Historical reality bears out the fact that in capitalism, people become rich by putting what capital they have to good, productive use, and that anyone, no matter how poor they start out, can become wealthy. Mitt Romney’s Bain Capital, which leftists love to hate, and other venture capital groups risk their own money to provide small entrepreneurs with the means of jump-starting their companies, providing jobs both for those working in venture capital firms, and those employed by entrepreneurs.

Many famous entrepreneurs, such as Henry Ford, Sam Walton and James Cash Penney became fabulously wealthy not by hiding their money in a mattress, inheriting it, or cheating on their taxes, but by delaying gratification, providing workers with decent paying jobs, and putting in long hours for years, to build and maintain successful companies that serve their employees and their customers well. The historical reality of entrepreneurs gives the lie to two of Belloc’s assumptions: that the wealthy can maintain luxurious living standards by sitting on their wealth, and that capitalism prevents the poor from working their way up the economic ladder.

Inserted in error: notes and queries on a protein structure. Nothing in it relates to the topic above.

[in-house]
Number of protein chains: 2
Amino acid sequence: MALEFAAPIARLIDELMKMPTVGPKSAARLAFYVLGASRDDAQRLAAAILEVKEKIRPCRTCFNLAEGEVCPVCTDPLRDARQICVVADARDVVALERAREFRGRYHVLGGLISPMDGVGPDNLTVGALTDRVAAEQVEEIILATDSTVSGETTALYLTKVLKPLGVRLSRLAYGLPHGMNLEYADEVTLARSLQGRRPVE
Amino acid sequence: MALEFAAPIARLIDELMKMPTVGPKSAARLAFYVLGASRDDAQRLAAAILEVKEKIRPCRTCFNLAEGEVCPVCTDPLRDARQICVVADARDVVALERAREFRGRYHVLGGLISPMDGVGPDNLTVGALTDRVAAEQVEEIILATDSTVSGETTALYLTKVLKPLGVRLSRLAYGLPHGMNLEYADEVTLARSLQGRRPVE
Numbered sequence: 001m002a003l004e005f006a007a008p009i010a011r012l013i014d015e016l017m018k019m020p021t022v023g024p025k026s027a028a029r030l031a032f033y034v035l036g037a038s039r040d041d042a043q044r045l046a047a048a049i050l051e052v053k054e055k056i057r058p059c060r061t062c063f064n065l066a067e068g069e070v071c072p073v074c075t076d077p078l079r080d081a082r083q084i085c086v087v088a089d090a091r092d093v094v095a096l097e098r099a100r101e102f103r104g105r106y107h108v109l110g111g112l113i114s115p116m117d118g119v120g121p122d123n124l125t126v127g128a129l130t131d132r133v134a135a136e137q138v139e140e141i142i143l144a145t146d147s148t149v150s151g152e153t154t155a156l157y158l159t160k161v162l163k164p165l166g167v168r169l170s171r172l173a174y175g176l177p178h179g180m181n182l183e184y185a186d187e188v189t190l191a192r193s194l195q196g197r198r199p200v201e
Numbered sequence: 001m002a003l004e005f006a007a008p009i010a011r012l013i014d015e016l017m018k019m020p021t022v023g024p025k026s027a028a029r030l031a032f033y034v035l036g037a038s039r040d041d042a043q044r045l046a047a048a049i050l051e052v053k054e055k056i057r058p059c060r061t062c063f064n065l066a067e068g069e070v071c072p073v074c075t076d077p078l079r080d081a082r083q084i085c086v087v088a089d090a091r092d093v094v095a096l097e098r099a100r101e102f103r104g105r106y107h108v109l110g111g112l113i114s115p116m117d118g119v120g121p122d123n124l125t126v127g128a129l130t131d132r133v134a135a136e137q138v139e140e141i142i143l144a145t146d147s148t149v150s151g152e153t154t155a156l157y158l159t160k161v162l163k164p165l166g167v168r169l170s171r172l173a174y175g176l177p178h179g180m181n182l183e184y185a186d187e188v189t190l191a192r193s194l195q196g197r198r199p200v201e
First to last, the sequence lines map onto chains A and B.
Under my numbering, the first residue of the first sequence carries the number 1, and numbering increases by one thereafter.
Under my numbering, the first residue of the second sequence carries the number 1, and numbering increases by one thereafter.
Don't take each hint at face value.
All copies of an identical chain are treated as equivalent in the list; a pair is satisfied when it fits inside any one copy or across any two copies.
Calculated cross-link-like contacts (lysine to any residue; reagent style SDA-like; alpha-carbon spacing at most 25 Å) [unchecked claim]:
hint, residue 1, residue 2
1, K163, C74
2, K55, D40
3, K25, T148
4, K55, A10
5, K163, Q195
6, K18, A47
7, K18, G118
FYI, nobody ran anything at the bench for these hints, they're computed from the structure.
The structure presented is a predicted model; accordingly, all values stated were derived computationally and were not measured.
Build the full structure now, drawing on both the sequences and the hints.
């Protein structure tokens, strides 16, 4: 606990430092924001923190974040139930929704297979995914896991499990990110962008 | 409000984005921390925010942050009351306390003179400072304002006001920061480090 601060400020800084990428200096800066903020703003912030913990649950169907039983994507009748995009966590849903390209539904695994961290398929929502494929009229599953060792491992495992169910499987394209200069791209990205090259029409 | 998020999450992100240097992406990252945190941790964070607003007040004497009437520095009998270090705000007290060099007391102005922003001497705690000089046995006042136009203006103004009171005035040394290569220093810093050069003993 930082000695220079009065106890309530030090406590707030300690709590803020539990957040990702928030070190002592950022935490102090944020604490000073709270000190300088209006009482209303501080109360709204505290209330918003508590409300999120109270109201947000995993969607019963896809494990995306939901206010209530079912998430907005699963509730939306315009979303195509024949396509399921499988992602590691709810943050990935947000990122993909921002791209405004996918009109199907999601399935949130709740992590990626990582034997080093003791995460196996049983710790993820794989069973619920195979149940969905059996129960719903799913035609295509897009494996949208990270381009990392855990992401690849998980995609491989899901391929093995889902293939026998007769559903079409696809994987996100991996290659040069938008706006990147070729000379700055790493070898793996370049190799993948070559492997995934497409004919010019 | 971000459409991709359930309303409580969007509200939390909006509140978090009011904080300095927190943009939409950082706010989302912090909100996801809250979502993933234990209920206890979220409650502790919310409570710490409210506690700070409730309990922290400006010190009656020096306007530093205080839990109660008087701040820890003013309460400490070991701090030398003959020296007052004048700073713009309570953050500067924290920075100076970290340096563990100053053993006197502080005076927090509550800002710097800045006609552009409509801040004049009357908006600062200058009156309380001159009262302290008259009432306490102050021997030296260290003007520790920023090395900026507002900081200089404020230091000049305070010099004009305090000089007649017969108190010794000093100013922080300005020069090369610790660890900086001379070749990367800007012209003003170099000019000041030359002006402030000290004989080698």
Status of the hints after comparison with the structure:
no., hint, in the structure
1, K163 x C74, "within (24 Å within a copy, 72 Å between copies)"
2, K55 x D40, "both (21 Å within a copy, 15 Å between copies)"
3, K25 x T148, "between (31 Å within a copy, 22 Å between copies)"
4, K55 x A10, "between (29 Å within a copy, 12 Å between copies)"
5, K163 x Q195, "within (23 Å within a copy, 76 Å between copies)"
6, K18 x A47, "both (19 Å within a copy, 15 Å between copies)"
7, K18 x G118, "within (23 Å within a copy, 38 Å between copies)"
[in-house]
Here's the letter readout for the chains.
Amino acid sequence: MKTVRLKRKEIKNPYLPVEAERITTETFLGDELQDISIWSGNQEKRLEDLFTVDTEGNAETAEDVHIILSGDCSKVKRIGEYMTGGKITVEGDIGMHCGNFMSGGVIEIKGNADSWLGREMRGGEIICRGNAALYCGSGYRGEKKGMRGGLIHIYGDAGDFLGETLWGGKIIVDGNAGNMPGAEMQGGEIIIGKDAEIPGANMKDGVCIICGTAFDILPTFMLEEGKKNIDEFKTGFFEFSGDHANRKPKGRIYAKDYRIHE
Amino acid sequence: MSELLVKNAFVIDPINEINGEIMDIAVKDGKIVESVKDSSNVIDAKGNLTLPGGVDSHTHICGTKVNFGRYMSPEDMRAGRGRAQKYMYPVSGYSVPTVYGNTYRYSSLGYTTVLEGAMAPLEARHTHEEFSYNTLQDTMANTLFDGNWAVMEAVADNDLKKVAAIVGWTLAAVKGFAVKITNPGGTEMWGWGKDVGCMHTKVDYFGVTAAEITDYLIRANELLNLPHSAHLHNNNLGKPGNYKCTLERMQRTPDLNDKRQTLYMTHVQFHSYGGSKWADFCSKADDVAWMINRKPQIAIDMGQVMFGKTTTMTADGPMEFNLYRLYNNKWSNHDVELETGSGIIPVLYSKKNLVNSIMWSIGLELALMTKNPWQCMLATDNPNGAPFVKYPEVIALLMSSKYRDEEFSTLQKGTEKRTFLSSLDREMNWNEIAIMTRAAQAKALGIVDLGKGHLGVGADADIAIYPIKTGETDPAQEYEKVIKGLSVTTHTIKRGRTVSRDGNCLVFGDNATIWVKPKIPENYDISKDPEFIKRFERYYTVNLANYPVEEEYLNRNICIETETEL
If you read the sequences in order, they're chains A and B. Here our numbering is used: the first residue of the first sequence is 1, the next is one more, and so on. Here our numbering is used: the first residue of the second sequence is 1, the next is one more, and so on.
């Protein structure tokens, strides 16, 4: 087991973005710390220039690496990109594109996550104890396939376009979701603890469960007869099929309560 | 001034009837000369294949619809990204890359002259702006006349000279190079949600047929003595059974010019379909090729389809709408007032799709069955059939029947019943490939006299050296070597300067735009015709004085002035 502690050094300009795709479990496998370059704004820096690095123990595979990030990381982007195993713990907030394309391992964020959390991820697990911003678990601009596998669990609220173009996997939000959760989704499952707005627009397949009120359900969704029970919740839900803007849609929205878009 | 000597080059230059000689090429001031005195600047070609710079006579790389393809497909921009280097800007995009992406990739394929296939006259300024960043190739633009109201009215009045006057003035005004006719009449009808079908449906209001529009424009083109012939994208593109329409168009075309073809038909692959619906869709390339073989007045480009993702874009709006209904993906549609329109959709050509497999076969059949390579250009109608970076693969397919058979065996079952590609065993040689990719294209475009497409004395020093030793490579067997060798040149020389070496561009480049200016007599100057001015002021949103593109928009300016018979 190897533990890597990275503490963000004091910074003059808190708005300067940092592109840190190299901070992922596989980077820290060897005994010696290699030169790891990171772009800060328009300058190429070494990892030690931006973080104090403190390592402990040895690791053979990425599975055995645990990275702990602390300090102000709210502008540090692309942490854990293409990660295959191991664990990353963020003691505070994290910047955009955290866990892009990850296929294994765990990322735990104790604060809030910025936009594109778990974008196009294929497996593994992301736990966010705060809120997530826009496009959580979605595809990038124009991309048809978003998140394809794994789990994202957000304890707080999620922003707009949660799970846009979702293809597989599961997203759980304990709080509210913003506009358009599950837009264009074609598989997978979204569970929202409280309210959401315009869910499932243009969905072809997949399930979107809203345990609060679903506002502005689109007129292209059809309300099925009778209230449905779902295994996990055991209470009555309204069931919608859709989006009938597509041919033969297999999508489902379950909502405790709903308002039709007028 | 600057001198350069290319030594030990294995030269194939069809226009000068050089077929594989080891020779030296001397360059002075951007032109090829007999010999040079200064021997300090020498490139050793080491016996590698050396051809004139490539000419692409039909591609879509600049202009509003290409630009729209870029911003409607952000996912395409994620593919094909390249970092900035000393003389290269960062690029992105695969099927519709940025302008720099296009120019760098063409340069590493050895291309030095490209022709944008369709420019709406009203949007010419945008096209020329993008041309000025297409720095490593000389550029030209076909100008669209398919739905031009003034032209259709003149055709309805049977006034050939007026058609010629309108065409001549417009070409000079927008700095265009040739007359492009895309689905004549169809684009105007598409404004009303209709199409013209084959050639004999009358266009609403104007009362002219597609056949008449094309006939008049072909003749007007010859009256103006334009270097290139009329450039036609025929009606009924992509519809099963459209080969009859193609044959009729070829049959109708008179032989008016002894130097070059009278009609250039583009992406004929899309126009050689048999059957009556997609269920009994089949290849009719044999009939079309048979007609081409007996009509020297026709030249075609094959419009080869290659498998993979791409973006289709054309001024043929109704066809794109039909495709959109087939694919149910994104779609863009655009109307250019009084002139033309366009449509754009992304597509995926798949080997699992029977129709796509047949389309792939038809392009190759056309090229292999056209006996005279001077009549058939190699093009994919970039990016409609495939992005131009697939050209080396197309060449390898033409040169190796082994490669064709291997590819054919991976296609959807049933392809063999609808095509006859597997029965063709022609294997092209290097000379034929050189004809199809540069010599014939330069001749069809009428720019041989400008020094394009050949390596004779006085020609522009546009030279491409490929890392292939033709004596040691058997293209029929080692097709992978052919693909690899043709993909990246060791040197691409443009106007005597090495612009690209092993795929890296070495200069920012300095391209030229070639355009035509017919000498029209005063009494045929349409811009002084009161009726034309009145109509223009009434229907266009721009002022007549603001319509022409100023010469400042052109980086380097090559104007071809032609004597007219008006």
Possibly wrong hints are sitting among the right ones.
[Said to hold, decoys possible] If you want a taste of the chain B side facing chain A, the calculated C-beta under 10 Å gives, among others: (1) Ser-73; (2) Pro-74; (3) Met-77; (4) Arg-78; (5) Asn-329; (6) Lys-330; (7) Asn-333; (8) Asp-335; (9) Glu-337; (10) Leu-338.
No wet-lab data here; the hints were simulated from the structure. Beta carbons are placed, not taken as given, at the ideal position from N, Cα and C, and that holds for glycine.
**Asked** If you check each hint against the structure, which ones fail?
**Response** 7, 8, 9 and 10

Sadly, it seems that many Americans, including the Occupy crowd and even our own President, are not aware of the unique and amazing power of entrepreneurship: the ability to use our resources and God-given talent to better the lives of those we work with and those we serve. Only when we as a nation remember that the phenomenon of money can be used in a dynamic way to participate as co-creators with God, will we begin to work our way out of the economic mess we are in.